3) Stay farther behind. What you will notice when it gets colder is water coming out the exhaust and freezing on the ground in front of you. Makes for lots of fun if you stop on one at the next light or your foot lands on one.

Ride smart and stay off two wheels when it's nasty out. I can tell you that from experience.
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If your helmet gets wet inside just keep it in your domicile so that the heat will dry it.

I use a plexifairing on my bike and therefore I can leave my helmet faceshield open in the cold in traffic. Even with vents your faceshield is going to fog up at a stop unless you use some anti-fogging agent or leave it up. A plexifairing would be a good investment on a CB450 for winter.

If it gets cold enough to freeze don't ride. No tires will keep you up if you hit a patch of ice....unless you buy spiked ice racing tires.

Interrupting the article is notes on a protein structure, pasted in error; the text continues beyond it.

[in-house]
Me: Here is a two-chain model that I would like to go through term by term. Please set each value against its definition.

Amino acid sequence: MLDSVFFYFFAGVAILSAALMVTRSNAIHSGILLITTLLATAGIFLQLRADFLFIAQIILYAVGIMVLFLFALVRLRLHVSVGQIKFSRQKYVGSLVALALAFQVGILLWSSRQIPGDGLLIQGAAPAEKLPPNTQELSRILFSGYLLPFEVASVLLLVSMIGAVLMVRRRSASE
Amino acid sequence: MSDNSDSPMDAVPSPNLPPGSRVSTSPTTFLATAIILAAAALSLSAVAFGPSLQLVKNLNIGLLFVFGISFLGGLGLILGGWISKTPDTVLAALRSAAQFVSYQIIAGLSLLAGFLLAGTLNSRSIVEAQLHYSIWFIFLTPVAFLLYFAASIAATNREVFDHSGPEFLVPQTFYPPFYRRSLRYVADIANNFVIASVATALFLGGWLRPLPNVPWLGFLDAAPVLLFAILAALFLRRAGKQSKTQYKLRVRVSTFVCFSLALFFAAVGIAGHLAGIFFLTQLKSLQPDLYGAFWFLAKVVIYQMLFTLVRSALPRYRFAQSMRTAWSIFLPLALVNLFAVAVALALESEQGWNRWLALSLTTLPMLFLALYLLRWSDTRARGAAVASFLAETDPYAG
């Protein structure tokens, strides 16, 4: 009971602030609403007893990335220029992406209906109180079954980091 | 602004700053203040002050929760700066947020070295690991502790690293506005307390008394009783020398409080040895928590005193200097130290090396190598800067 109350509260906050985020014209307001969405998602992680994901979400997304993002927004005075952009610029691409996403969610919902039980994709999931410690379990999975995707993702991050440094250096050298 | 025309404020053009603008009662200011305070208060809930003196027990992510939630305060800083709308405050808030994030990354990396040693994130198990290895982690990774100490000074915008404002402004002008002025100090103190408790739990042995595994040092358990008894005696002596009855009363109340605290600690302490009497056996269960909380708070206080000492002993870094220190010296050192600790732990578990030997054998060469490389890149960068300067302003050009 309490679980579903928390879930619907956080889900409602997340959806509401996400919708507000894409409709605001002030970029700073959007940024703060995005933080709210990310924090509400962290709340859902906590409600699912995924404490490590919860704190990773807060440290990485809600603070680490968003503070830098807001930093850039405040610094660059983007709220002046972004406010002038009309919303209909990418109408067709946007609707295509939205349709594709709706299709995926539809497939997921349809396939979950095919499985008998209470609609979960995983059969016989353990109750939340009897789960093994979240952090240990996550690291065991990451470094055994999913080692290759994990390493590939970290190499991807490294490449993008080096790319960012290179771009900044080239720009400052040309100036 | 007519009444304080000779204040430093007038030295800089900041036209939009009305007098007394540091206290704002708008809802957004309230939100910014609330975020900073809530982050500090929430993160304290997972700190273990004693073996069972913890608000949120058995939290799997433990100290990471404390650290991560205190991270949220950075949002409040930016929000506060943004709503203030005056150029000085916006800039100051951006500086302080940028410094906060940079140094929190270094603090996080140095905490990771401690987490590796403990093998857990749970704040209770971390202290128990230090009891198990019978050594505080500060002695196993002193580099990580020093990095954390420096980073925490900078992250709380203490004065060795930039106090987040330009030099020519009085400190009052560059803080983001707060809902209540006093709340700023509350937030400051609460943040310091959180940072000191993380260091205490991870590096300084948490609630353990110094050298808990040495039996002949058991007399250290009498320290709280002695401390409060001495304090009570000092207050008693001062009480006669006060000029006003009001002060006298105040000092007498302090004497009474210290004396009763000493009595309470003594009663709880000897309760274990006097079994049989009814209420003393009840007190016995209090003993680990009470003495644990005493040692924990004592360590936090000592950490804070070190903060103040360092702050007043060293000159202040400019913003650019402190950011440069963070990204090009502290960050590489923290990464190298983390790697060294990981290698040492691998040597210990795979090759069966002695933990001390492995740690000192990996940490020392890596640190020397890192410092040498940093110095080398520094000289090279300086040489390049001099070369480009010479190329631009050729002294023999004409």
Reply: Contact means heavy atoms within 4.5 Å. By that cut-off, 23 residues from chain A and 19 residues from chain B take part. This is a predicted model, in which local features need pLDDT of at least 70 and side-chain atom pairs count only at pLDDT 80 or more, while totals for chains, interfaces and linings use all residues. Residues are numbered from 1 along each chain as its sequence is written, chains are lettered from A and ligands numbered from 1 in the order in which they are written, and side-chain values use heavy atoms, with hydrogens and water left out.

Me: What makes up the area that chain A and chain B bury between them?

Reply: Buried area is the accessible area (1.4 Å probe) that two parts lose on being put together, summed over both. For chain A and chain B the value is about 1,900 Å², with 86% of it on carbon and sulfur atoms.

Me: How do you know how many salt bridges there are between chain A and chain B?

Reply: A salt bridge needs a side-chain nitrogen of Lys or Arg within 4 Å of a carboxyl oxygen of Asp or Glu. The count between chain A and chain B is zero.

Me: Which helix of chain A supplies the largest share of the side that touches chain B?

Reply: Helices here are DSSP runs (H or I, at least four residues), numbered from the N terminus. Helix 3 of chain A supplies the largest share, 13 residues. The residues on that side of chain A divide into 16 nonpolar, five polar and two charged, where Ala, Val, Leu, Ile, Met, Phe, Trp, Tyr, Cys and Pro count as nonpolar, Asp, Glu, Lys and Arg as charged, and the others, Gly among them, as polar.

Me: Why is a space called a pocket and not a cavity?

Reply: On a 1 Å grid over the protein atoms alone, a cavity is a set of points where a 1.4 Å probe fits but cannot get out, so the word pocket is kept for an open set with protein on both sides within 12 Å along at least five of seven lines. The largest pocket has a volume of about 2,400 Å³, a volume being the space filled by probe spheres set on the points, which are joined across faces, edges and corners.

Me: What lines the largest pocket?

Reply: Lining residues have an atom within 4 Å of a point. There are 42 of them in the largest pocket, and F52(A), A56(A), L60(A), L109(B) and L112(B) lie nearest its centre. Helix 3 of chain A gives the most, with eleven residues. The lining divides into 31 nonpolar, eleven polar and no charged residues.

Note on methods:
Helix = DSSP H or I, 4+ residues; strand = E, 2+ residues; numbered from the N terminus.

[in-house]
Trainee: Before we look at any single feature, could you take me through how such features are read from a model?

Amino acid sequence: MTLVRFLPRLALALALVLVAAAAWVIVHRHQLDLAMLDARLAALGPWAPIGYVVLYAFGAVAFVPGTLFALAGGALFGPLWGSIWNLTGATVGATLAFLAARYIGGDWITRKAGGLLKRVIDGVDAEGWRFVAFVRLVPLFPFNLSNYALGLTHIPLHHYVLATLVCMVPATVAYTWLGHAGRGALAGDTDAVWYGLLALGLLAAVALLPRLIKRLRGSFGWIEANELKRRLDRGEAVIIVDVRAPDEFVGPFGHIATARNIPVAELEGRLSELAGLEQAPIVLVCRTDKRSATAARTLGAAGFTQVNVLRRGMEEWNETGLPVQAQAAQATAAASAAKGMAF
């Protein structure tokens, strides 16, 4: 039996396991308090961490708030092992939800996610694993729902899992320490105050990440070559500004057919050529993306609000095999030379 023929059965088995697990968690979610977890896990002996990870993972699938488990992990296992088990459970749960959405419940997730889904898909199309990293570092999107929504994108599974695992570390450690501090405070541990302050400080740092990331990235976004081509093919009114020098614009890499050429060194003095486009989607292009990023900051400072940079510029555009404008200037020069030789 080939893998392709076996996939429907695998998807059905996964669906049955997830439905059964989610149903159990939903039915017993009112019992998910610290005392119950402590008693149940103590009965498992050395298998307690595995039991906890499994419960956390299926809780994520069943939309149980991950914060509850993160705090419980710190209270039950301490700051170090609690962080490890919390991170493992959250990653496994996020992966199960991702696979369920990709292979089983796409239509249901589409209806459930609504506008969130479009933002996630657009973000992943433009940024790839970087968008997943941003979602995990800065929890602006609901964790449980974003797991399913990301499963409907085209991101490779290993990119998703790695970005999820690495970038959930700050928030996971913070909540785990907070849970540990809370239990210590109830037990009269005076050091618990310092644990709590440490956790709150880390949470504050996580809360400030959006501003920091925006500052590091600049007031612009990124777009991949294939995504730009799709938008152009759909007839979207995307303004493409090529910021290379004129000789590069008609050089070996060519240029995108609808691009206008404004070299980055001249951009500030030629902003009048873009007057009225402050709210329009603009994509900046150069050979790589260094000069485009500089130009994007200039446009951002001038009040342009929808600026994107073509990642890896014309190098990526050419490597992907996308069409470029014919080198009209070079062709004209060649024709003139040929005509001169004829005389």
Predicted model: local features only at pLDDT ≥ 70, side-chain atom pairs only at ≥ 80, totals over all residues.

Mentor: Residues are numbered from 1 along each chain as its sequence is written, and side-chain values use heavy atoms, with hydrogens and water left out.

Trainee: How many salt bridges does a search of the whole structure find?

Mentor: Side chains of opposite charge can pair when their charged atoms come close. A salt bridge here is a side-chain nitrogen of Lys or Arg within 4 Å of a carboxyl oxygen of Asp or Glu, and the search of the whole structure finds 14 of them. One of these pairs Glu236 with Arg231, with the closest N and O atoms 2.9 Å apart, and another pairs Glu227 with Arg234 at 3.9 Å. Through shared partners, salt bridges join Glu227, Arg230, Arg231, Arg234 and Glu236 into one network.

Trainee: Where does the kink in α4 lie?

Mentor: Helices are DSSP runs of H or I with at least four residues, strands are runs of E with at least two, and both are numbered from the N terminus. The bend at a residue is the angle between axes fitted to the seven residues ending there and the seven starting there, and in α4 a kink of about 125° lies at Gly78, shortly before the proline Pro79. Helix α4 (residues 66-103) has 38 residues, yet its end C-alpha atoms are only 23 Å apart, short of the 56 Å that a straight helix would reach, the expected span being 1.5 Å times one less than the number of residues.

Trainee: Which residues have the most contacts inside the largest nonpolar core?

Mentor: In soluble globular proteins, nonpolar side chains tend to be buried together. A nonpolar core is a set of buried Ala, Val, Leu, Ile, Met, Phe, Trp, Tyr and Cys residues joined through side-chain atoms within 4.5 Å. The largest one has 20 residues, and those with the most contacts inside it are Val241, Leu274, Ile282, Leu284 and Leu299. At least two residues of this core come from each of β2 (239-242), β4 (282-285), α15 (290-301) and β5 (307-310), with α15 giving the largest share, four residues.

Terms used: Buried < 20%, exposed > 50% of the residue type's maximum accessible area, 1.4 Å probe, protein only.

You have to decide if commuting when its really cold and pouring rain is worth the trouble. Don't forget about all the people on the roads in cars and SUVs who will be hydroplaning near you on their bald tires.
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I would avoid riding when the temp is below freezing unless the roads are completely dry. For warmth, try They have heated jackets, pants, sox, and gloves that work very well.
For the face shield fogging, use a Fog City shield. I ride year round and it never fogs up. And living in the PNW it rains a lot and averages around 40 degrees in the winter.

I also have found out the the Michelin Pilot Power stays soft in the lower temps and handle cold rainy roads just fine. Much better then Dunlop 220s and Bridgestone 020s.

I also have a set of waterproof gloves with a wiper built into the back of the thumb. Great little invention.
Mine leaves brown streaks on the face shield.
Best Mod

My recommendation would be to add heated grips to your bike. The parts only cost around $20 and it takes about an hour to do the install. Best mod I've ever made to my bikes, including my track bike.